I hope they crawl right into that little capsacin landmine and it blows their disgusting little red heads off.

Really, I'm not a violent person.  Not at all.  But it isn't much fun to live in fear every time you want to cook or eat a whole grain.  Or open the pantry.

I think the stress is taking its toll.  I bought a new trash can (not because of the bugs, but because I wanted a smaller one that fit under the sink) and the latch on it crapped out after a week.  So much for the cheap plastic option from Target.

I got so annoyed that it wouldn't stay shut that I actually pounded the lid repeatedly with my fist and then kicked the trash can.  When I realized what I was doing, I yelled, "Walk it off!" and... walked it off.

Yeah, I have a temper.  I inherited it from my dad.  We're amazingly balanced and easygoing most of the time (we're Libras after all), but every now and then, something sends us right over the edge. 

I got mad at a roll of cheap plastic wrap one time (couldn't find the end and it just kept peeling out in small strips, not a full length), so I pounded it like baseball bat on the kitchen counter and flung it against the wall.

I walked that one off too.

Time to meet your maker, meal moths.

Wednesday, October 19, 2011

Going Buggy

To my great shame I must admit: I have bugs.

In my pantry.  It started this summer, when I was away a lot.  I discovered, upon my grief-stricken return, that I had what are known as Indian Meal Moths in my rice.  The rice was old, it had been stored for a while, I threw it out and moved on with my life.

I bought two new, five-pound-bags of rice.  I bet you can see where this is headed.

On Sunday, I discovered larvae.  In my new bags of rice.  And my raisins.  And my barley.  And my cocoa.

When I finished shrieking and flinging things in the trash and running them out to the curb, I ran shrieking to my computer and being typing furiously.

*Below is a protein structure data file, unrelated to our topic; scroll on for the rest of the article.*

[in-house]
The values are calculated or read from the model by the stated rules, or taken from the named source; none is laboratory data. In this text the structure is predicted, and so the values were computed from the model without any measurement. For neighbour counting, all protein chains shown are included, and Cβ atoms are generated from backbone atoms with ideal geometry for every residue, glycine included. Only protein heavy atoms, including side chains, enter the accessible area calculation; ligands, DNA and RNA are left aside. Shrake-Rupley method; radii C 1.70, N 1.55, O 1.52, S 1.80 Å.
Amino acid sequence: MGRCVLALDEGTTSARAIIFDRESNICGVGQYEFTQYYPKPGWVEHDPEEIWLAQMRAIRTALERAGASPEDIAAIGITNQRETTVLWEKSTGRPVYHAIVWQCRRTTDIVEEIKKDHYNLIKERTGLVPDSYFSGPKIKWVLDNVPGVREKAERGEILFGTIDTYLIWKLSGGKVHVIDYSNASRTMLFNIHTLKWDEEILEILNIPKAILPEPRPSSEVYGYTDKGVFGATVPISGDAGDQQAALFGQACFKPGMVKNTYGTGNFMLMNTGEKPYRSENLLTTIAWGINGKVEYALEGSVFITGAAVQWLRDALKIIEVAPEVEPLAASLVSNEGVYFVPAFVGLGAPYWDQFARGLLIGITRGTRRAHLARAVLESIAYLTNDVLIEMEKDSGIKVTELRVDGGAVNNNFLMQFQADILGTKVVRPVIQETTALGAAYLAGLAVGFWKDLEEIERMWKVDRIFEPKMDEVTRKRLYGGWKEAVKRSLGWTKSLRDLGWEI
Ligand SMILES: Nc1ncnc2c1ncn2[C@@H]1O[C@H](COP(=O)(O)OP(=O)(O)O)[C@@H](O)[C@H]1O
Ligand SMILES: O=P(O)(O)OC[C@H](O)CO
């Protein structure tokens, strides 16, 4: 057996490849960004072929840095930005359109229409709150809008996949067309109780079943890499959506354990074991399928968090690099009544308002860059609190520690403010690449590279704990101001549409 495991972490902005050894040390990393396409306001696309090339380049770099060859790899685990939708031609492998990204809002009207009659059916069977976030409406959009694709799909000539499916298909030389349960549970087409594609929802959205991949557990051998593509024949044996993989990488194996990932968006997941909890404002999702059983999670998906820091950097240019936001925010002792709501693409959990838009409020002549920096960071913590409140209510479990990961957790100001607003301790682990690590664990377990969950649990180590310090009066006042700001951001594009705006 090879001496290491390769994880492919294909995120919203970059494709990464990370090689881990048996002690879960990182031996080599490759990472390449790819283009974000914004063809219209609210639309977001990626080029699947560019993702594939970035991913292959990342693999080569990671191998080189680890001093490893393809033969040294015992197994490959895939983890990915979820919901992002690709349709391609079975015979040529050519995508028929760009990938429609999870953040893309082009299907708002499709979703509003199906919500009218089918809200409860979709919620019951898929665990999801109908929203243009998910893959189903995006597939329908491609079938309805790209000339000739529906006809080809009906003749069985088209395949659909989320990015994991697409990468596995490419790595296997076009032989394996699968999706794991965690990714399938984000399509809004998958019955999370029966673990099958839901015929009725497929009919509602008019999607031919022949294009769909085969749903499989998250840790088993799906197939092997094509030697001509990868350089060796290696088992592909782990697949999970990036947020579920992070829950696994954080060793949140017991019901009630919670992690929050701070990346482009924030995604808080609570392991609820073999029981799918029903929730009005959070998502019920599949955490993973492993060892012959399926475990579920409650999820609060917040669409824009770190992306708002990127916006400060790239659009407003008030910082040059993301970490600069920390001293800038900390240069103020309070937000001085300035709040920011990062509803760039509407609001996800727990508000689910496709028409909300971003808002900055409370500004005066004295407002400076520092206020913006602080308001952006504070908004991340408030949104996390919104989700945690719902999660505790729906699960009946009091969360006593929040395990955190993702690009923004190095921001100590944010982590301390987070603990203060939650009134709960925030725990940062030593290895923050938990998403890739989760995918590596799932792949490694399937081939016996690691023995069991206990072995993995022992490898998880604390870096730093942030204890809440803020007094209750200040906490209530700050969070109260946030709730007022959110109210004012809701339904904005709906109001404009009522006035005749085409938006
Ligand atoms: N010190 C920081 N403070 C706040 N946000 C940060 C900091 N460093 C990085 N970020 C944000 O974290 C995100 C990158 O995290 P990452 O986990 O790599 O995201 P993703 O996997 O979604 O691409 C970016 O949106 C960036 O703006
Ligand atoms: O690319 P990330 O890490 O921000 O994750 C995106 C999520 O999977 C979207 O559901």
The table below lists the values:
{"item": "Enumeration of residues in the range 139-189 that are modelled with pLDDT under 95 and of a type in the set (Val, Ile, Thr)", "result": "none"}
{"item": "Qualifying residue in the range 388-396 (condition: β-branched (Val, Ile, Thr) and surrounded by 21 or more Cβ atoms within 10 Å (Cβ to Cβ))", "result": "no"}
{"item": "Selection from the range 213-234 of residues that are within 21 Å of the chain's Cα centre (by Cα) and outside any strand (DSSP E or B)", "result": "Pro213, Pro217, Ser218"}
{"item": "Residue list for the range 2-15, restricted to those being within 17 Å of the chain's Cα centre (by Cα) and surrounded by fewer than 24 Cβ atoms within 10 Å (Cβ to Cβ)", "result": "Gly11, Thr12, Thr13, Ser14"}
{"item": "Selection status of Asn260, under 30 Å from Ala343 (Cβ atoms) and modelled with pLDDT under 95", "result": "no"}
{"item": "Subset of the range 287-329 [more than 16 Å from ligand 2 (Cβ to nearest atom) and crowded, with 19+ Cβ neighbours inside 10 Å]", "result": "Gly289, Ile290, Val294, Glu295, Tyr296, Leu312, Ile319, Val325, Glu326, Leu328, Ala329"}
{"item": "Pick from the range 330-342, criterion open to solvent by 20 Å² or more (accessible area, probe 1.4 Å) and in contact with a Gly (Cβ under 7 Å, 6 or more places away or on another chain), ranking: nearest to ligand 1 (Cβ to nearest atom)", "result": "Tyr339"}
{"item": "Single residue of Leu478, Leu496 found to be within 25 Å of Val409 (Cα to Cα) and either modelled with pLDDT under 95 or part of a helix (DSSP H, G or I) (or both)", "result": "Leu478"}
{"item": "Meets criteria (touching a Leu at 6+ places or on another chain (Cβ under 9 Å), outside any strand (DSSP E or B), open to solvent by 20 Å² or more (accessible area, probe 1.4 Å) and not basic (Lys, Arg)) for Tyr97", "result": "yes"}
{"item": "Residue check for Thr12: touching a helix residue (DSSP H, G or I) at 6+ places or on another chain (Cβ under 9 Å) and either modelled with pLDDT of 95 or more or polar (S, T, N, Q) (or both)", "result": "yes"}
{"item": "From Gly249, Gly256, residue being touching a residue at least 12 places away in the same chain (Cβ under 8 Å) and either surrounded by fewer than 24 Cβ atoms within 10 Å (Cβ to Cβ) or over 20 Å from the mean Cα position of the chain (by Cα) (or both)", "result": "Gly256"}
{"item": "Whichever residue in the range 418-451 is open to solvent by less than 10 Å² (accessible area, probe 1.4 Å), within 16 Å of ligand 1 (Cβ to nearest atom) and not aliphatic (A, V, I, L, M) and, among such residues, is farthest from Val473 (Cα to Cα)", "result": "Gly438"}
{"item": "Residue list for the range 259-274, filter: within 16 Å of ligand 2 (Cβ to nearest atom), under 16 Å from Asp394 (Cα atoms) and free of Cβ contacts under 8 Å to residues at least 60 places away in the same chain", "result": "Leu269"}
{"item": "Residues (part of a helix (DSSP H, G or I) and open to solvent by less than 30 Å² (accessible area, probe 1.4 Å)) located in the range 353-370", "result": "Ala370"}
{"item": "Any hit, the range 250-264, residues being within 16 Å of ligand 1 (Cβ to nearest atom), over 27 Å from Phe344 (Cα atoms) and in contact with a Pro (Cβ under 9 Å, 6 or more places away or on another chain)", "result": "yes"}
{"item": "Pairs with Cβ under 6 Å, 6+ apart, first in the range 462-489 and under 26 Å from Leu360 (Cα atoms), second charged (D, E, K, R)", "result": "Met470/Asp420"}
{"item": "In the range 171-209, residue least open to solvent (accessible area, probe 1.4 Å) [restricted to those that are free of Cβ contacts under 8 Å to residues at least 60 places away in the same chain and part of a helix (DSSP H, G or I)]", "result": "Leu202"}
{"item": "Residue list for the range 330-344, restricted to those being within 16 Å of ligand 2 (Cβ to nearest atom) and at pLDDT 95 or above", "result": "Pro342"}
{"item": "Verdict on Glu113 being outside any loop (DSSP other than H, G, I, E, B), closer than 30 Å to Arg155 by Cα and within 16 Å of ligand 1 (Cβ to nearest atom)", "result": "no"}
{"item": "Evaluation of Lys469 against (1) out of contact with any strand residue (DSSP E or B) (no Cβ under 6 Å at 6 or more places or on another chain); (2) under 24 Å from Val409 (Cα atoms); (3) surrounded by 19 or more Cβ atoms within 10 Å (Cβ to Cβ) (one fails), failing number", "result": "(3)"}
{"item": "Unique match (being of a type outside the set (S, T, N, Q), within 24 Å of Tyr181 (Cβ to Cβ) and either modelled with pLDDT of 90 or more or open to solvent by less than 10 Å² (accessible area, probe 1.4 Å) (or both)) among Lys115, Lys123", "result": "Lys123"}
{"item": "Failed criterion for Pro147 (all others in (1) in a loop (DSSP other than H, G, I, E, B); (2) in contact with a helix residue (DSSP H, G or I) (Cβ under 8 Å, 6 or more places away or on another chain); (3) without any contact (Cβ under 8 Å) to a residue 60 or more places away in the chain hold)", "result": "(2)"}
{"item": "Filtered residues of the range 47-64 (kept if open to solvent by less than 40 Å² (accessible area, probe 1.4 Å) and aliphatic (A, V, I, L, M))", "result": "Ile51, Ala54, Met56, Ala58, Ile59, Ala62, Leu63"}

Turns out, these bugs can be quite difficult to control or eliminate: in a lot of cases, their eggs are actually on the food that you buy.

Yeah, hey, thanks for that, Uncle Ben.  I didn't think it was possible to feel more skeeved out than I already did, but it is.

Obviously, it won't hurt you if you ingest the eggs or the larvae--or probably the moths, for that matter--although I'm reminded of the insane convict Renfield in Bram Stoker's Dracula.  He liked to eat flies.  Then he progressed to spiders, I think, then birds.

When he subsequently asked for a kitten, they told him, "No."

So anyway, there are discussion boards out there for all of those fellow-sufferers of the Meal Moths.  God, they are gross.  There is nothing that makes you less inclined to eat rice than to see it... moving.

Oh, and if you're sitting there thinking, "Well, but that's her problem: I know I'm good because I have everything stored in airtight containers," then I should let you know that while you sit on your high horse, the little moth larvae are clutching their grain-filled bellies while they laugh and laugh.

"Airtight" is meaningless.  I found one in a tupperware of barley that hadn't been opened in a year.  My new bags of rice were SEALED.

They can get in.  They just can.  If you store your grains in the fridge or the freezer, you'll prevent the eggs from hatching, if they're already in there.  Which they might well be.